Because most data for box mount loads was collected using tri-axial load cells, it was desirable to verify via uniaxial pseudo-damage analysis that the load damage severity in any single direction did not change drastically from one run to another. Two factors were taken into account in determining a severity failure criterion for use with this uniaxial pseudo-damage tool. First, it was assumed that with any load-cell-based data acquisition that there can be up to +/−10% variation in load simply due to standard measurement and acquisition system error. Using a standard load-life curve with an assumed slope of −0.2, the standard error translates into a factor of 1.7 variation in predicted fatigue life from nominal loading conditions. Second, and in addition to the standard error, there is inherent variability in fatigue life even under the most controlled laboratory conditions. Acceptable variability in fatigue life is in the range of approximately 50% to 200% of the nominal life for any given load. As shown in FIG. 10, when these two factors are combined through superposition, variation from 33% to 300% could be observed even if all other conditions remained unchanged.

For this reason, a “factor of two” failure criterion was chosen when performing run-to-run comparisons of pseudo-damage calculations. In other words, it is assumed that if the load severity from a changed configuration test run on any given channel is between 50 percent and 200 percent of load severity from the base configuration run, then no significant difference exists between the changed configuration loading and the base configuration loading.

FIGS. 11 and 12 show representative examples of uniaxial pseudo-damage severity comparisons between the spring rate and sway bar changed configuration data sets from the proving ground. The baseline severity is that of the base vehicle configuration at the proving ground (100% of base) and all other changed configurations are shown as deviations from that level. The data for FIGS. 11 through 14 are plotted by the following vehicle sensor locations and measured coordinates: right rear RR, left rear LR, right front RF, left front LF, right-hand and left-hand cross members, and the x, y, and z load coordinate directions. The data are plotted as excursions from the base configuration proving ground data. Additionally, the damage severity numbers used for comparison are averages over all the runs completed with any given setup. Also, all calculations were performed using a standard load-life curve with an assumed slope of −0.2 since all severity data was used for relative comparisons between the different runs, and not absolute damage information. As can be seen from the bars, all severity values are within the “factor of two” failure criterion set forth above. Also, those channels that show the largest excursions are not in the principal (vertical) loading direction.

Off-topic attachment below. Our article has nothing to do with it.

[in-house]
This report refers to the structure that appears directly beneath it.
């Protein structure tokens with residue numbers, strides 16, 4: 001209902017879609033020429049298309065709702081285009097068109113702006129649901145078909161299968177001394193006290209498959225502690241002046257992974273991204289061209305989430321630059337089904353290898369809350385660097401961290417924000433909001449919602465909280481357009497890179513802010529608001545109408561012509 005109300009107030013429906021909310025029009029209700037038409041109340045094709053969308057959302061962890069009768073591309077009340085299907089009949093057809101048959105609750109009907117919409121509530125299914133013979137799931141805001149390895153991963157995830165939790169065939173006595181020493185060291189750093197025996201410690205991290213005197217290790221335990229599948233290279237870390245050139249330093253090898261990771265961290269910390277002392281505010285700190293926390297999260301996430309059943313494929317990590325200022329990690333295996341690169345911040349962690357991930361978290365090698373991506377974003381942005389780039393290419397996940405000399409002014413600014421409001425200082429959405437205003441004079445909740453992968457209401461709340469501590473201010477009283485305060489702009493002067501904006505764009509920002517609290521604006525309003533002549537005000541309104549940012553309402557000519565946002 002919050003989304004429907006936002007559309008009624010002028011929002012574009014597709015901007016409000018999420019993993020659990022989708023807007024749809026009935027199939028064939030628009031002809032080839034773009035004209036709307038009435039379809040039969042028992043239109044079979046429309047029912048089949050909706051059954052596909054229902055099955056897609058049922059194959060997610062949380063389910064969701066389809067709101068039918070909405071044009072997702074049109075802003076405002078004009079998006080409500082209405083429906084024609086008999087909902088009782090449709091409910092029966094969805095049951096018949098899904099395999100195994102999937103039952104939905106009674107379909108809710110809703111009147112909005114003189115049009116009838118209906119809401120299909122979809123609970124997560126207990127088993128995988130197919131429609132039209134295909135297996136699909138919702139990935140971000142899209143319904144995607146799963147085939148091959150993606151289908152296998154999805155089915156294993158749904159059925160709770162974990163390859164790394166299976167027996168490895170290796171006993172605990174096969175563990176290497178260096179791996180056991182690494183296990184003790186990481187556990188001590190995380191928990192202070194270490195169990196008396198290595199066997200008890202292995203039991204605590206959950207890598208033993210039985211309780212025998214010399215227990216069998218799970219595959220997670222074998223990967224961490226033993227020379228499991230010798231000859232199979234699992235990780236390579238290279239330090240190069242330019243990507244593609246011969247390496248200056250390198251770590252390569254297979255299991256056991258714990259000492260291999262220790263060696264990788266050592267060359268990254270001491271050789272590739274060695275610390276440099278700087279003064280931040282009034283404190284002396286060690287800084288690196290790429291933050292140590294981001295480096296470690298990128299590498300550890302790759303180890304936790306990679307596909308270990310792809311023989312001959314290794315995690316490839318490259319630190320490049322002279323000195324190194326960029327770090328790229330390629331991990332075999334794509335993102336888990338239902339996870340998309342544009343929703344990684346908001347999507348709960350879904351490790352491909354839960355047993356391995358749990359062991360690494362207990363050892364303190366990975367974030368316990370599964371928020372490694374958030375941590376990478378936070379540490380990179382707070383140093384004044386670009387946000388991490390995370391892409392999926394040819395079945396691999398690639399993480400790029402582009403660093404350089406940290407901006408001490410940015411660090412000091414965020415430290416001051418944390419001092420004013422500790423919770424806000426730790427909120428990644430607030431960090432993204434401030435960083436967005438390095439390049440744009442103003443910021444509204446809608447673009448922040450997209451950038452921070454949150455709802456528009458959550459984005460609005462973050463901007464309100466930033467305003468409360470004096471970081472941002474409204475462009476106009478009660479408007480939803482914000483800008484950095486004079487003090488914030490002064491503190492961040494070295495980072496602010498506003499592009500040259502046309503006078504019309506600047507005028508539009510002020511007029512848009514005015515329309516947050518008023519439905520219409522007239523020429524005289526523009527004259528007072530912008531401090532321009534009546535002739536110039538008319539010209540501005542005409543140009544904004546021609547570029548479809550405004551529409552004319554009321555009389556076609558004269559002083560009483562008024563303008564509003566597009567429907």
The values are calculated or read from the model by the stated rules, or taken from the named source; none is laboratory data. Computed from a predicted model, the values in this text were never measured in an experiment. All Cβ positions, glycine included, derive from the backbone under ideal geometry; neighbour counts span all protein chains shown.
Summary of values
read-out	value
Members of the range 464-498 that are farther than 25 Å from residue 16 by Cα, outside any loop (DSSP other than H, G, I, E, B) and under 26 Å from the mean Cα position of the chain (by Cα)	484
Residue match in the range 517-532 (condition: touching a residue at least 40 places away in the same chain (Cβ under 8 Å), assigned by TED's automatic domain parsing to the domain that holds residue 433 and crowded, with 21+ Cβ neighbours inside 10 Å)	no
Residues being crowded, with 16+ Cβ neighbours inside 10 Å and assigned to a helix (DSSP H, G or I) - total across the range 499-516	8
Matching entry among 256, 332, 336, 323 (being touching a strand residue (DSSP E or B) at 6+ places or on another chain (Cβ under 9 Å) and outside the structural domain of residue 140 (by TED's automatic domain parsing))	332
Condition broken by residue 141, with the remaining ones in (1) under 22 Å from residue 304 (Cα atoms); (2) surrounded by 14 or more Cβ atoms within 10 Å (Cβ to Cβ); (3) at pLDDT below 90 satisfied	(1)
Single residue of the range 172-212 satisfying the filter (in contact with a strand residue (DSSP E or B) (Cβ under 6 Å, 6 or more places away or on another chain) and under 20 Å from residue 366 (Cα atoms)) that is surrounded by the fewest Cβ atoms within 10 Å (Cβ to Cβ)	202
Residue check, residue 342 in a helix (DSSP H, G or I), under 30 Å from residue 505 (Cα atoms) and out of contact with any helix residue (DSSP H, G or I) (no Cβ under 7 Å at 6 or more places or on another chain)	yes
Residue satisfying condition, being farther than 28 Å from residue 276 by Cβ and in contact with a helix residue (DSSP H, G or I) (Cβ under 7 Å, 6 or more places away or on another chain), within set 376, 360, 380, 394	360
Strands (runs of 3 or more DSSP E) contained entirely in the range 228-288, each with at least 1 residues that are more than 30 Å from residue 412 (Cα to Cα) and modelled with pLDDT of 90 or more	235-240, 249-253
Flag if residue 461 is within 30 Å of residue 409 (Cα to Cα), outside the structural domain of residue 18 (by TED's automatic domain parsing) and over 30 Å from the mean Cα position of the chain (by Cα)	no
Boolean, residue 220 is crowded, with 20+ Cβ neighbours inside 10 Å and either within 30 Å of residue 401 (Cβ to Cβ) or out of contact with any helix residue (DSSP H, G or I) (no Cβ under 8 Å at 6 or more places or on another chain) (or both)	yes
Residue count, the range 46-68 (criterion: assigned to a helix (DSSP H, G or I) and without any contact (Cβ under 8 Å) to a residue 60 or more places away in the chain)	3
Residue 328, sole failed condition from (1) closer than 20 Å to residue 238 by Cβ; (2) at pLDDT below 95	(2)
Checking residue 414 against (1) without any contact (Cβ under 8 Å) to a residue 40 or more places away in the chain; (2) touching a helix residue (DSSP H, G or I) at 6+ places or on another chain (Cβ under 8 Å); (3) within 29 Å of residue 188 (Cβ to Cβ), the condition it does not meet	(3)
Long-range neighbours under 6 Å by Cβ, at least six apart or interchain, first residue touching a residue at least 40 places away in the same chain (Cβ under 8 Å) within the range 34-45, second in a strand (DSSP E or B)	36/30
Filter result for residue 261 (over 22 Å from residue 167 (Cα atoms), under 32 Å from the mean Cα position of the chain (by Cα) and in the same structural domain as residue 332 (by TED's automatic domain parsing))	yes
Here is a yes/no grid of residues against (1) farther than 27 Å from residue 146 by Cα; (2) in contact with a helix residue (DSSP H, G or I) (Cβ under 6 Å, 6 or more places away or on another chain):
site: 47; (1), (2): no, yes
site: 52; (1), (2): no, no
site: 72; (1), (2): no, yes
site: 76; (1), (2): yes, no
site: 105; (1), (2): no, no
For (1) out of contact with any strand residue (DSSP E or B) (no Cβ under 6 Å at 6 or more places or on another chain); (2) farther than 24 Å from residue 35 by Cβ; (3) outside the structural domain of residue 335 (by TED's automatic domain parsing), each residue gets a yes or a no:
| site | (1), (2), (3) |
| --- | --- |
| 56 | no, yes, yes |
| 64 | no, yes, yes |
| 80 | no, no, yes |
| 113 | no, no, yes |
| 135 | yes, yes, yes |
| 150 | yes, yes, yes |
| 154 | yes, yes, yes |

FIGS. 13 and 14 show typical examples of pseudo-damage comparisons made for spindle and body/box mount loads to determine the effect of rig iteration. The baseline severity is that of the base vehicle configuration on the RTS rig (100% of base) and all other changed configurations are shown as deviations from that level. As can be seen from both the spindle load and body/box mount load analyses, the severity observed for the iterated files is not significantly different from that of the non-iterated files. Additionally, the proving ground data are shown for reference against the RTS rig data. As was the case with the proving ground data, the highest deviations from the base rig severity are seen in non-vertical directions, and these directions are not the primary load directions for the components noted.

To accurately compare the interactions of the loads from the three coordinate directions, multi-axial damage sphere analysis was performed for each load-time history. Multi-axial damage “spheres” include damage severity calculations performed at intervals as if a specific geometric configuration and load direction were known. In this case, because the actual geometry is not defined, the damage sphere allows us to compare whether or not the results would be the same if the geometry were defined, and to predict damage severity in that case. The “factor of two” failure criterion was applied to the severity prediction for each configuration in the damage sphere to determine whether a significant difference was observed between the base configuration and changed configuration test runs. In other words, the factor of two failure criterion is applied to the multi-axial damage sphere analysis.